BERLIN, Oct.22 (Reuters) – BMW (BMWG.DE) will stop manufacturing internal combustion engine (ICE) cars at its main plant in Munich in three to four years, its production manager said on Friday. a conference marking the start of production of its i4 electric model.
The ICE cars currently manufactured in Munich will be produced at BMW factories in Austria and the UK in the future, said production manager Dr Milan Nedeljkovic, adding that by next year at at least half of the vehicles produced in Munich would be electric.
BMW has set a target for at least 50% of global new car sales to be electric by 2030, and CEO Oliver Zipse told a conference last week that the company would be ready with an all-round offer. electric if a market banned ICEs by then. . Read more
The i4 battery-electric car was manufactured on a joint assembly line with ICE and hybrid models such as the BMW 3 Series Sedan and Touring, the company said, a change that cost 200 million euros (233 million euros). dollars) investment in production infrastructure.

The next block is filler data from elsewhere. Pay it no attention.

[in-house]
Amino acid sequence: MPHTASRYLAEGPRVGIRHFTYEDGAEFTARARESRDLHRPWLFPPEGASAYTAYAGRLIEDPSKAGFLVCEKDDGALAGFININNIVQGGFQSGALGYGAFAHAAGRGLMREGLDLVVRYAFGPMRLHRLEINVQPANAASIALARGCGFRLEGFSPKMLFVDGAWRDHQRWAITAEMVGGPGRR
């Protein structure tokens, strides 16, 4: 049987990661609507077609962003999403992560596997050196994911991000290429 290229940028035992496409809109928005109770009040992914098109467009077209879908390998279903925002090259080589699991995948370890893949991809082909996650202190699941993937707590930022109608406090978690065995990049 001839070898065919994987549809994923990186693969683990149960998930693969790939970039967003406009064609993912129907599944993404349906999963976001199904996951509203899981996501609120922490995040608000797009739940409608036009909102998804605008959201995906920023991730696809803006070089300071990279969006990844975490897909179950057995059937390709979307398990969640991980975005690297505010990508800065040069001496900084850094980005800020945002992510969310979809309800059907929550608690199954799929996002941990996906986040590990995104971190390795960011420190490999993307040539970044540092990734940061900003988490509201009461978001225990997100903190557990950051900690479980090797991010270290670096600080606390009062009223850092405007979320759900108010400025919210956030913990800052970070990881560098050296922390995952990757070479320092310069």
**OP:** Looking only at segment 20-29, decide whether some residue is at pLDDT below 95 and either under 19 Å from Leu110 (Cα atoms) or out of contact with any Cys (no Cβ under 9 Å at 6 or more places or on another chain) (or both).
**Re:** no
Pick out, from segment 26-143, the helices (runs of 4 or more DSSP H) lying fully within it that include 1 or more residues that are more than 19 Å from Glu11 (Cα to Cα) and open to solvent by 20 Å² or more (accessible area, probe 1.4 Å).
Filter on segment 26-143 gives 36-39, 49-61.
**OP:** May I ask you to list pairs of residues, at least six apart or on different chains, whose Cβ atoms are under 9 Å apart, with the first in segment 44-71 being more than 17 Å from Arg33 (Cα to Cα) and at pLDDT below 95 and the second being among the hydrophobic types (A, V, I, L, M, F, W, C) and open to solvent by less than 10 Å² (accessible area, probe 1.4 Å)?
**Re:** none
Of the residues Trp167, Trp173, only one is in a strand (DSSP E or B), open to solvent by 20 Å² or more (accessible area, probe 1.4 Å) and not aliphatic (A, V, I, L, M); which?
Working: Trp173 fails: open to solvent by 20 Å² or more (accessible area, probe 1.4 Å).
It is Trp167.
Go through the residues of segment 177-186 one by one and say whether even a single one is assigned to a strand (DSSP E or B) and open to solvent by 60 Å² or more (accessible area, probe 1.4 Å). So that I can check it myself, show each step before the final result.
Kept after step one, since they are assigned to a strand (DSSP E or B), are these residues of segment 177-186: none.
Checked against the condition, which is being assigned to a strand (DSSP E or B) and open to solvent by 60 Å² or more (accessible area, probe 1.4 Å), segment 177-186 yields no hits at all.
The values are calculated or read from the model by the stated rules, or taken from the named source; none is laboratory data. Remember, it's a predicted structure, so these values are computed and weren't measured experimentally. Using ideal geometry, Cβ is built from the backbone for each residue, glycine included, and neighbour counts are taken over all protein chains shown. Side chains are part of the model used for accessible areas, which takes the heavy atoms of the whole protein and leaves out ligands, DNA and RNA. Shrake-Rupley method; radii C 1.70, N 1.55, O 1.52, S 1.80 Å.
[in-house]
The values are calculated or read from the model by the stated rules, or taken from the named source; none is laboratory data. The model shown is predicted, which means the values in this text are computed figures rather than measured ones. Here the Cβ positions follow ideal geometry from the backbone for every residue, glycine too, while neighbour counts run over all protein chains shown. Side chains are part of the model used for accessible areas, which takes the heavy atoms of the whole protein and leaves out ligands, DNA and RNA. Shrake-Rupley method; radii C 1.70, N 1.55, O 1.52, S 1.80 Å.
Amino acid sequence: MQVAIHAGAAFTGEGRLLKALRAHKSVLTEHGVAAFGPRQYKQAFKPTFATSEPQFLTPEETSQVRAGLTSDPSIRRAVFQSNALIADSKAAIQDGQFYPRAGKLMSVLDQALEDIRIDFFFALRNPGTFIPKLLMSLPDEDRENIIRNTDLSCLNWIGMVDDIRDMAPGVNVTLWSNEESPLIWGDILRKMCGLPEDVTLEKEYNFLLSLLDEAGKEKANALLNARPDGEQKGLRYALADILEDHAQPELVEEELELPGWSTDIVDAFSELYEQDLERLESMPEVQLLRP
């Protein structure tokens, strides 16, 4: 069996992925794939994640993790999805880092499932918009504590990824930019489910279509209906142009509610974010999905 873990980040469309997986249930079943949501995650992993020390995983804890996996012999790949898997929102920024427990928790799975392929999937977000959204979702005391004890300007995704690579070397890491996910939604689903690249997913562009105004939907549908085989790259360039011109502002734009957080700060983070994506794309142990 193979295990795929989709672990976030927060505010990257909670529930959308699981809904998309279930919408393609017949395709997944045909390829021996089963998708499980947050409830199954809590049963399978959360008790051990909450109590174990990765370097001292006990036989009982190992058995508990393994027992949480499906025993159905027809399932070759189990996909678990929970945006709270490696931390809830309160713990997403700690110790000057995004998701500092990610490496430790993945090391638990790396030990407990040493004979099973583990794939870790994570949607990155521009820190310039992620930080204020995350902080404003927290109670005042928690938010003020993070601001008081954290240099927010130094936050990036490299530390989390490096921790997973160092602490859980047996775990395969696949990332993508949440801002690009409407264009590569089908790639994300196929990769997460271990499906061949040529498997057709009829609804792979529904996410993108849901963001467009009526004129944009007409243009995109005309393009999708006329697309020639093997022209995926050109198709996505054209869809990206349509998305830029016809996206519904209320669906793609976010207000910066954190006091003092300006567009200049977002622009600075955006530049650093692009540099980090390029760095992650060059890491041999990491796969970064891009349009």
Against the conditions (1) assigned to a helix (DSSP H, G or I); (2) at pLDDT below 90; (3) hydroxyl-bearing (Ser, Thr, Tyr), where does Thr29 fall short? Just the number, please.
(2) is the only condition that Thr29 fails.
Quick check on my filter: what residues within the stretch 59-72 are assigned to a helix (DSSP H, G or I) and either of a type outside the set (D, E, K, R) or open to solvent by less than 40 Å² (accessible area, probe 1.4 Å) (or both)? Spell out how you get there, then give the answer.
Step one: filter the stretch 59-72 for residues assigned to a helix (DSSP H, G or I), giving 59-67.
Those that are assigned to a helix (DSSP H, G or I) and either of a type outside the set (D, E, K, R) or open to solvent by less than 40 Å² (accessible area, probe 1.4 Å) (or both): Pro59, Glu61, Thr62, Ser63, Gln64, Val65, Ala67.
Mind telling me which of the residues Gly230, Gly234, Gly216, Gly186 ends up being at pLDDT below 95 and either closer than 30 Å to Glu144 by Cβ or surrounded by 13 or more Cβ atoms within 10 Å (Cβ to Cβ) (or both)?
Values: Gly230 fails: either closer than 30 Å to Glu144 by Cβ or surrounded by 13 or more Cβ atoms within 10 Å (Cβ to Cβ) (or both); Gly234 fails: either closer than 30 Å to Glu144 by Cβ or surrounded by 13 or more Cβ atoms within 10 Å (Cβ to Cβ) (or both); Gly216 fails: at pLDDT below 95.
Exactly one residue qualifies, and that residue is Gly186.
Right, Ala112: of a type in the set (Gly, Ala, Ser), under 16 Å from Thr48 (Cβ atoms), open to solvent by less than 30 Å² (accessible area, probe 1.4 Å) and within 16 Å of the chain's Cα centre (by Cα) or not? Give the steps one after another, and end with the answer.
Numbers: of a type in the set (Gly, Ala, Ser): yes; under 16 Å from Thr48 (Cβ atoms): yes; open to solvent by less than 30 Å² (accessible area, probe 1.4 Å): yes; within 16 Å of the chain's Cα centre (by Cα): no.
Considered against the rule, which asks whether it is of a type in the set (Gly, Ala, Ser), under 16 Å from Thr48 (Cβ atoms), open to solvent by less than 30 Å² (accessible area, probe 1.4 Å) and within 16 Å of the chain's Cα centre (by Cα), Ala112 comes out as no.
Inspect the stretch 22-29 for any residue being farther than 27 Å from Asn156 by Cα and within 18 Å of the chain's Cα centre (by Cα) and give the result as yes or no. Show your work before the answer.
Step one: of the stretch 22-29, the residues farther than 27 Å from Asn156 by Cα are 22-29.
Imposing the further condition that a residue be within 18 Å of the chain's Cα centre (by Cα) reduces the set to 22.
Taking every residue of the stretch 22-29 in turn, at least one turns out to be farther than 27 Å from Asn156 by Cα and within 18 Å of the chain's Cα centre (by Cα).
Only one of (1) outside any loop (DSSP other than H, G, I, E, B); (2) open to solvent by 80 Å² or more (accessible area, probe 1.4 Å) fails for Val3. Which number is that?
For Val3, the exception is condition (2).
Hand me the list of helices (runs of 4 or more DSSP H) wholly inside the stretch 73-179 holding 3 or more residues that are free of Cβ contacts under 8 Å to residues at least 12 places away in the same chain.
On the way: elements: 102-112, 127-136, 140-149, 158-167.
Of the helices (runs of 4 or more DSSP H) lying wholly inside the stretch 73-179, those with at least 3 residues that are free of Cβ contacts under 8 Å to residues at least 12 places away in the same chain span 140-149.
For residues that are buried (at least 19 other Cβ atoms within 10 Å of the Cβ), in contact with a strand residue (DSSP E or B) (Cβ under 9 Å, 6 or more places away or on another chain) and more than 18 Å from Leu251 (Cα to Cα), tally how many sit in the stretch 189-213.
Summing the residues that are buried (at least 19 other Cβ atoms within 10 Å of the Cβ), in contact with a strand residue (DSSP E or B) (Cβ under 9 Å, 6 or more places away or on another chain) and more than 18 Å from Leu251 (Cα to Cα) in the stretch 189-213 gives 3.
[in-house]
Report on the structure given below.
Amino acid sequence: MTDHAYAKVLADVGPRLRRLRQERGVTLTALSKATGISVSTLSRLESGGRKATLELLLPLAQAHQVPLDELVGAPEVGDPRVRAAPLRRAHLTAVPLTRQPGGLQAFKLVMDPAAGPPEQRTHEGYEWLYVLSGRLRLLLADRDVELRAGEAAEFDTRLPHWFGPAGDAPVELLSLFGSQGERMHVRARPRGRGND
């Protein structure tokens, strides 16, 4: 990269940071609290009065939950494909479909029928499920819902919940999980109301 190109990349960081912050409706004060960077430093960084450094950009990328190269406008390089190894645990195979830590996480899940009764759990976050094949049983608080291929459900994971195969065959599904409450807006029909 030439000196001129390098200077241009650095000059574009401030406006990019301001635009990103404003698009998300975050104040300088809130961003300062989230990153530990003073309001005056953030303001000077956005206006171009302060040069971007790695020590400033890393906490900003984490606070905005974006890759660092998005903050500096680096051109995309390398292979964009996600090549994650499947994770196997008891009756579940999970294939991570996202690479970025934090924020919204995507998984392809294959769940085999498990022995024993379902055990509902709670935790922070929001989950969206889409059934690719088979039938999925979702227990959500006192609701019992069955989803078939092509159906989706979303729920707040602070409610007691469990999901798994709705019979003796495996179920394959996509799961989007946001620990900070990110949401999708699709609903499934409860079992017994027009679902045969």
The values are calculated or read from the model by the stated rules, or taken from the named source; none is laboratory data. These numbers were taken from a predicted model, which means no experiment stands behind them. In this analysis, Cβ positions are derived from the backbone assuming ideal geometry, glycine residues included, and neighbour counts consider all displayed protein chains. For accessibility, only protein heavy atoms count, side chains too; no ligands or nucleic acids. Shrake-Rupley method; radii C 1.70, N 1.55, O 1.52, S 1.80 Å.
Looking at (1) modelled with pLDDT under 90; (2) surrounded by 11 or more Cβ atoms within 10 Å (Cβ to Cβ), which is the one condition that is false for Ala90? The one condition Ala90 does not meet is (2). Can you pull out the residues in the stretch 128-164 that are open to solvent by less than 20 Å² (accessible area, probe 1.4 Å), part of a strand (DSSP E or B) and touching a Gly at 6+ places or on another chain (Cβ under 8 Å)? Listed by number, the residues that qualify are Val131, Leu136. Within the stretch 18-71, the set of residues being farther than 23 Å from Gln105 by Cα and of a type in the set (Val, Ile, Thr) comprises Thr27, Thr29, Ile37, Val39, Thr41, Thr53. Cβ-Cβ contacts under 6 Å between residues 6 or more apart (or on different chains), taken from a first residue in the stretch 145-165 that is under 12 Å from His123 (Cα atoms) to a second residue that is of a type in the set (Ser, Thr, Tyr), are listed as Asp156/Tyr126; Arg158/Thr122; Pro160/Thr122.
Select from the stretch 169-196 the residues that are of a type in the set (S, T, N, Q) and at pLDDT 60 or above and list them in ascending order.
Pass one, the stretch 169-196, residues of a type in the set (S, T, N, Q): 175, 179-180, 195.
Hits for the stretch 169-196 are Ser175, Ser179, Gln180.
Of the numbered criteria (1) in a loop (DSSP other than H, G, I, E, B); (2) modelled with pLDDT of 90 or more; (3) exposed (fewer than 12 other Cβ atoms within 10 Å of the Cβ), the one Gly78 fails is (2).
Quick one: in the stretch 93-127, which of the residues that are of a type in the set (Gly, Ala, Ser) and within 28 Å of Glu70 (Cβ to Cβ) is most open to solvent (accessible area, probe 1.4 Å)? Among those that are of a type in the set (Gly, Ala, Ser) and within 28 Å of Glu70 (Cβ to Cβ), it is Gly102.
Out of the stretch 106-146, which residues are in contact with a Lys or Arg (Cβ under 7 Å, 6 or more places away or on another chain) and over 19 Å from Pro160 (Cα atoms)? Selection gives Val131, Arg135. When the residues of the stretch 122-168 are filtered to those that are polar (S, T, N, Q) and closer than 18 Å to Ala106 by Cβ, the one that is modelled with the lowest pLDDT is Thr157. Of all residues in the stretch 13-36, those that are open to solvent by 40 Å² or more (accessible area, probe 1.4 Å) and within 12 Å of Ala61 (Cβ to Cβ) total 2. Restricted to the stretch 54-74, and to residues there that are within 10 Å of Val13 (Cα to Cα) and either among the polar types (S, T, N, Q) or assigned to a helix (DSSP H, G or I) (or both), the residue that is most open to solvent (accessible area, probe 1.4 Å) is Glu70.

A similar mixed assembly line is already underway at the automaker’s Dingolfing plant, which produces the BMW iX alongside the hybrid and ICE models.
The new model will be a priority in the decision-making about the allocation of rare chips, said plant chief Peter Weber. The company was well supplied with other raw materials, Nedeljkovic added.
BMW has previously said it plans to produce 70,000 to 90,000 fewer cars than it could have sold this year due to the chip shortage plaguing automakers around the world.
He also pledged to reduce emissions from transport logistics at the Munich plant, the company’s largest, to zero in the coming years, without giving a specific date.
This will be achieved by making greater use of rail transport and battery-powered trucks to transport vehicles in and around the plant, he said.
Reporting by Victoria Waldersee Editing by Mark Potter and Nick Macfie
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